Study Abroad Tour: The To-Do ListMarch 25, 2011 at 4:46 AM | Posted in (All Posts) | Leave a comment
I have no idea where to start. So much has happened to me in the past two weeks; I’ve experienced so much and I feel like I’ve become this person that I knew was really always there, but he just couldn’t come out. For those of you just joining my adventure, I’m talking about how my study abroad experience has already been the dream I’d hoped it would be.
To start from the first day and list everything I’ve done so far would take far too long, but I can at least give you a rundown of how my study at Keimyung University in Daegu, South Korea, has changed my life. I know that sounds cliché, but pardon me for not caring, because it really is the truth.
In just 15 days, I have seen a different culture that I only thought I understood. The city of Daegu is so huge, so every day after class ends, it seems like the question is brought up, “What do we do now?” “We” usually being myself and my new friends – many of them Korean, but many of them exchange students just like me.
In just this one semester, three students named “David” from all parts of the world have come to Keimyung to study. I represent the David from America, while there is also a David from Germany and one from England. I have also made friends with students from Afghanistan, Uzbekistan, Romania, Russia, Ghana, Tanzania – I could go on and on. And these people are legitimatize, genuine friends. Being in a different country, all experiencing new things tends to bring the most unlikely people together.
And while we all have personal reasons for coming, everyone seems to have one common desire – to experience as much as we can. Allow me to list off a few things that I definitely feel proud of, and can mark off my to-do list.
*Eaten live squid (Well, OK, it was dead, but still moving)
*Been go a “jim-jeel-bang” (A Korean bathhouse)
*Seen a Daegu F.C. soccer match
*Partaken in a traditional “Korean Tea Ceremony”
*Enjoyed the heavenly food that is Korean BBQ
*Participated in – and won – a dance battle at a Korean Club
*Taken both the subway and a taxi for the first time in my life
*Shopped in “downtown” Daegu – which felt more like downtown New York
*Made so many new friends – from every corner of the Earth
*Learning to speak and write Korean
*Experienced a classroom setting in another country
I could go on for hours typing up all the things that seem exciting to me, but the greatest part is simply being here. So many times during the day, I find myself sitting in class or riding the subway. I am the foreigner in this land, and everything is so different. The dream that I’ve wanted to come true for so long is a reality. I just become numb to the fact that it’s happening right now and then I get caught up in trying to make the most of it.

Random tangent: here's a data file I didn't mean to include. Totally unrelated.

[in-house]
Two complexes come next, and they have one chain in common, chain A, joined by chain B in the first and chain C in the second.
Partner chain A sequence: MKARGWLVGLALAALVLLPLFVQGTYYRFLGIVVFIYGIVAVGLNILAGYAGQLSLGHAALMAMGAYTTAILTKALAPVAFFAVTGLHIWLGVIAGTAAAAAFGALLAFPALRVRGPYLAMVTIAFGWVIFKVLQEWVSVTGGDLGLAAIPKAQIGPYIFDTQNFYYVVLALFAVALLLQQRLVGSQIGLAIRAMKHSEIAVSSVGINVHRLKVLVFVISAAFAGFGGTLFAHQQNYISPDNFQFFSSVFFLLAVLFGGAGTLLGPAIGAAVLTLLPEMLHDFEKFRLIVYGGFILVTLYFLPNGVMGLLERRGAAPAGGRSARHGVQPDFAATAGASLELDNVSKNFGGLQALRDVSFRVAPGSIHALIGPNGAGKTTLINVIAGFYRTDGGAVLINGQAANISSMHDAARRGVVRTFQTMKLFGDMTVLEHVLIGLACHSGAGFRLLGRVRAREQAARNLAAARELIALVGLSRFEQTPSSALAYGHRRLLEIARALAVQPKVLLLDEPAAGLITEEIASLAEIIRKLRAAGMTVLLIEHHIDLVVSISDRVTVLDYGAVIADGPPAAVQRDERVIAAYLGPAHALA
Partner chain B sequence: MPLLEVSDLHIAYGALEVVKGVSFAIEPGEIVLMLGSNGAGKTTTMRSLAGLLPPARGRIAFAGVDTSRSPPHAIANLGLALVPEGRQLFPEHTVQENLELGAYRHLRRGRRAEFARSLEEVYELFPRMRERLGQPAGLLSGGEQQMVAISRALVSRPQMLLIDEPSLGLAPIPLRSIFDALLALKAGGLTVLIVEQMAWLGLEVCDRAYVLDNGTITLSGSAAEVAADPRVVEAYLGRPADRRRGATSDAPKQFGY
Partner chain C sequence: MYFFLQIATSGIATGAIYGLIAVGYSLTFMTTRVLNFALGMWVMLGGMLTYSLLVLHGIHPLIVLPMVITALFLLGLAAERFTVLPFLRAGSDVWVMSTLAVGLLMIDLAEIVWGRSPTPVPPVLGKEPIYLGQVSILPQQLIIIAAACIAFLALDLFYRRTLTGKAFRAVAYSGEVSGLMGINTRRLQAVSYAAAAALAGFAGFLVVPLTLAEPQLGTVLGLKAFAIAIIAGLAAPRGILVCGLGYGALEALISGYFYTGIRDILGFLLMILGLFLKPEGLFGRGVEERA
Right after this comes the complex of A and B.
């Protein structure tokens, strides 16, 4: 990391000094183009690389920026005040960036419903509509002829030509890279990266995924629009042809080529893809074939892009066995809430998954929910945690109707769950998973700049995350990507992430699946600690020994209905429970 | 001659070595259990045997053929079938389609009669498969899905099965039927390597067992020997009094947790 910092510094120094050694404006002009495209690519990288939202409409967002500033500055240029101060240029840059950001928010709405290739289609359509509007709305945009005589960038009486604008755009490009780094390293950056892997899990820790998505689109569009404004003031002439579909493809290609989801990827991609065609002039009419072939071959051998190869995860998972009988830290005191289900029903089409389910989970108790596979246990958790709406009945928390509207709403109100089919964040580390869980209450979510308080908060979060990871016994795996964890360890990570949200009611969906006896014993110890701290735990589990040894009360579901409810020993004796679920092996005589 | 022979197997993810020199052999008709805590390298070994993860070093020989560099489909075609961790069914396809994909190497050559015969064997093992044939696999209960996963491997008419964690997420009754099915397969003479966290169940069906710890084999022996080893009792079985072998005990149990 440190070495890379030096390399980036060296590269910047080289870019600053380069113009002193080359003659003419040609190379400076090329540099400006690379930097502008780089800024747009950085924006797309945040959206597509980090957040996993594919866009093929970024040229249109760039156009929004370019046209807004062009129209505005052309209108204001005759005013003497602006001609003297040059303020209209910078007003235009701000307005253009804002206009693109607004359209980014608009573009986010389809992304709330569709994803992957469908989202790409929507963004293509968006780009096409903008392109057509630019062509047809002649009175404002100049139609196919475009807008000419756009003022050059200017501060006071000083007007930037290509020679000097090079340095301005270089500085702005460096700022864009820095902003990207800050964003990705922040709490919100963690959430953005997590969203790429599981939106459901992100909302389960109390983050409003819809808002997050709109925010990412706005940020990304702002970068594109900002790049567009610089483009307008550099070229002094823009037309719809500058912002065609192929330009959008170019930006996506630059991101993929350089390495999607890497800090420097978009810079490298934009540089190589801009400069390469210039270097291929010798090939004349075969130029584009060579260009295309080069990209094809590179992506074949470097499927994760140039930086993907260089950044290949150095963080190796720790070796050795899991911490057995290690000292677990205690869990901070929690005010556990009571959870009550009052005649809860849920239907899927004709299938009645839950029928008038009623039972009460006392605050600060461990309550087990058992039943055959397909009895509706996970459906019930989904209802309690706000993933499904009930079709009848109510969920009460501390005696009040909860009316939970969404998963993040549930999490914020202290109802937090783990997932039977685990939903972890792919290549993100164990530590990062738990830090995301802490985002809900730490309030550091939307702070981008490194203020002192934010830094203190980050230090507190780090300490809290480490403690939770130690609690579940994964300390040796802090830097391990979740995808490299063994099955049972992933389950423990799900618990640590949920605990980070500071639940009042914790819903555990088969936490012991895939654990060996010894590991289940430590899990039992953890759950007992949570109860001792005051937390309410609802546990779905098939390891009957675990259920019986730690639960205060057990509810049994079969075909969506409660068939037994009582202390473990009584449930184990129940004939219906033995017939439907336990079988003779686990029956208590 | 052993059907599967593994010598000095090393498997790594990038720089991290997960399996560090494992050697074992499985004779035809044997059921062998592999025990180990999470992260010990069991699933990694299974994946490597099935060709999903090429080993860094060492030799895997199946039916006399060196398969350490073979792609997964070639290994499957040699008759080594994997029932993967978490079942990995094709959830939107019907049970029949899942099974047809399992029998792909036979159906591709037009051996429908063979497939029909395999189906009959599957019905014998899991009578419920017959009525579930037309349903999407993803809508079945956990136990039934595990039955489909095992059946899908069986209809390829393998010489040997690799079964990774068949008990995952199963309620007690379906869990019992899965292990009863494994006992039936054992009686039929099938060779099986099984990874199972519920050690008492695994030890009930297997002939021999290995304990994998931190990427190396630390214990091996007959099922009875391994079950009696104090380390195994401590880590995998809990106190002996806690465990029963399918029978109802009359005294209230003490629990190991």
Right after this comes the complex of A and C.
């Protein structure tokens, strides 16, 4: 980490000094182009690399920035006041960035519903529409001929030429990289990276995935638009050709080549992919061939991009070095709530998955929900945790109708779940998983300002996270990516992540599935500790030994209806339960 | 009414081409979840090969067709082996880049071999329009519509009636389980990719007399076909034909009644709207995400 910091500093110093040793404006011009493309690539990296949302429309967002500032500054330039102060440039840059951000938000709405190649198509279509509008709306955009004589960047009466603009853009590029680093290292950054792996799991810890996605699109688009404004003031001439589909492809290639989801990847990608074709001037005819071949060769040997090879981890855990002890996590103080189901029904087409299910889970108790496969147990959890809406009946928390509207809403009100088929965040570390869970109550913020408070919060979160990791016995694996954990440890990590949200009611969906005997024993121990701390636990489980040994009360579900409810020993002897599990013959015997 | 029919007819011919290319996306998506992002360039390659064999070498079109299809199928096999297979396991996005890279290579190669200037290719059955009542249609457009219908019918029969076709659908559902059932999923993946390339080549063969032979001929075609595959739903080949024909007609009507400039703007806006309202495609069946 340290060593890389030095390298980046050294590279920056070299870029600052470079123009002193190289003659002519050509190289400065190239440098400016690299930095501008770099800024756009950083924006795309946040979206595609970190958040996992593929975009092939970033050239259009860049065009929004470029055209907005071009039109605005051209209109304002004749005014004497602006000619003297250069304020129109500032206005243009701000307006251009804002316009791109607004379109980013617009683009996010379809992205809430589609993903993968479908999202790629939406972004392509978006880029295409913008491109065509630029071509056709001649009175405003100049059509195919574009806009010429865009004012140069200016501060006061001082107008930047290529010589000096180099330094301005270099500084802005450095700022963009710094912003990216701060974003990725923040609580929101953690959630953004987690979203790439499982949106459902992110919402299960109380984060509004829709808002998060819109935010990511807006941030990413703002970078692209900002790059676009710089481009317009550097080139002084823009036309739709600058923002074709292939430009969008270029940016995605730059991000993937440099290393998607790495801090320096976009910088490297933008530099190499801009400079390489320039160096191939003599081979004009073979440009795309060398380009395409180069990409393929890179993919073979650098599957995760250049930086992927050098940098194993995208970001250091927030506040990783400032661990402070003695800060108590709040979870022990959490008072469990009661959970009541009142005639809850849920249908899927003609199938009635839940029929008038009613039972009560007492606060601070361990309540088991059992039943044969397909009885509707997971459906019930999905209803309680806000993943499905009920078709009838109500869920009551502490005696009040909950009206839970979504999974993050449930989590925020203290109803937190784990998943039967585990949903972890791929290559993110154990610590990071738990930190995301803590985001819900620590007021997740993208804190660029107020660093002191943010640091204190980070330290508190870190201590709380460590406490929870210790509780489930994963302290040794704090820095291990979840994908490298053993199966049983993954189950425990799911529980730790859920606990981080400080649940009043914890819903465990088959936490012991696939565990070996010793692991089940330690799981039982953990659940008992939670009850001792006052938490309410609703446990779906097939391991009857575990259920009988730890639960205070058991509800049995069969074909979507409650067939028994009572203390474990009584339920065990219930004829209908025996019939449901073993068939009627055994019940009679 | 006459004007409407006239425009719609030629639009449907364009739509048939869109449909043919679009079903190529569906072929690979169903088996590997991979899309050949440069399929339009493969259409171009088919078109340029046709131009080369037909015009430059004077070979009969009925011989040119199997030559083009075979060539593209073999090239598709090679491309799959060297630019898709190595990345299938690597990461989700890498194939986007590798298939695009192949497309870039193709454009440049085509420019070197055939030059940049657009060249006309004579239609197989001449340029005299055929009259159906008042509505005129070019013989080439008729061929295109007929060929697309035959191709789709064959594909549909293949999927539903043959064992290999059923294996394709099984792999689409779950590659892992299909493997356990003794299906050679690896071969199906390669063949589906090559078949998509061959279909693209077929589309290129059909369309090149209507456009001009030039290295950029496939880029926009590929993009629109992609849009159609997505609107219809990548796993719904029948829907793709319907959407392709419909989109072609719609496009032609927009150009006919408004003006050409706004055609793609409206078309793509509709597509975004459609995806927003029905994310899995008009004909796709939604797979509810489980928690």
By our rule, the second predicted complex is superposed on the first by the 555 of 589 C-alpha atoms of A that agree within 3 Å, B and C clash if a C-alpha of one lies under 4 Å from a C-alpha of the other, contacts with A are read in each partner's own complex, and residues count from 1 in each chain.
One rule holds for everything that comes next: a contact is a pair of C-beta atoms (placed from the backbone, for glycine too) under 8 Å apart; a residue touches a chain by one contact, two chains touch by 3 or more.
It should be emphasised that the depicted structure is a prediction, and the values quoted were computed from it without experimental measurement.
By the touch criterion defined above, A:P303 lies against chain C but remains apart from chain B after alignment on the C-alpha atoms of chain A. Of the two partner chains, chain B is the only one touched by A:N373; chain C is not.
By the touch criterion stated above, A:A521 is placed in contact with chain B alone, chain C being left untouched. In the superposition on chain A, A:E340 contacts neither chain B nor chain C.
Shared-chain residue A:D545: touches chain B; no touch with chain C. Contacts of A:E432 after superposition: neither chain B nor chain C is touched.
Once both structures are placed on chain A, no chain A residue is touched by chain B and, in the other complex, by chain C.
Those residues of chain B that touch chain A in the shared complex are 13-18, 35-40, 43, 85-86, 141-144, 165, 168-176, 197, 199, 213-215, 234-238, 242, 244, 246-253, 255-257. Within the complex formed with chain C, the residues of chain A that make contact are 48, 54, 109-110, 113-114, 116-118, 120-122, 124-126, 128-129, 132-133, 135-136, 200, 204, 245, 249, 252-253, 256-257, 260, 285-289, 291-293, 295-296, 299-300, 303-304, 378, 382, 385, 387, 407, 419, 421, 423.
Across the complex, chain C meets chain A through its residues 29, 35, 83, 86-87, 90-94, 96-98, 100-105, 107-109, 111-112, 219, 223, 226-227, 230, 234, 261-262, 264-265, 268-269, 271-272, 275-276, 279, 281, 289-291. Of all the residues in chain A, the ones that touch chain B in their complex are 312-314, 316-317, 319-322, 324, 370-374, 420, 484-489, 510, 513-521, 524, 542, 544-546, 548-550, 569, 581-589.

As far as the classroom setting here, I am lead to believe this will be a pretty stress-free semester. I say that not because my classes will be easy, but so many teachers I talk to give one piece of advice more than anything else. It’s not “study hard” or “make straight A’s on everything.” Instead, those who have authority all seem to say, “just enjoy your time here.” I want to make the most of this opportunity, and by all means I will. That means doing well in my classes and building up my experience so this trip can benefit me in the future, but also jumping at every chance to get out and see as much as I can.
This weekend is tentatively planned to be my first real trip outside of the city of Daegu. A large group of the international students, myself included, are going to travel to Seoul on Friday and come back late Sunday. It will hopefully be the first of many trips around South Korea.
The most unfortunate thing that has happened to me, and many other exchange students as well, is getting sick. I managed to avoid this bug for some time, but it seemed like this past Saturday morning was the first sign I wasn’t doing so well. As I write this, it’s Monday evening here and I’ve been trying to take care of myself. Drinking lots of water and eating fruits seems to help. I made the “adult” decision to stay in tonight so that I might recover and not make it worse, and while it bugs me that I have to stay cooped up on campus, I at least got the chance to finish this article and share more of my journey.
With something like 16 weeks left to go, I’m sure I’ll have plenty more stories to tell.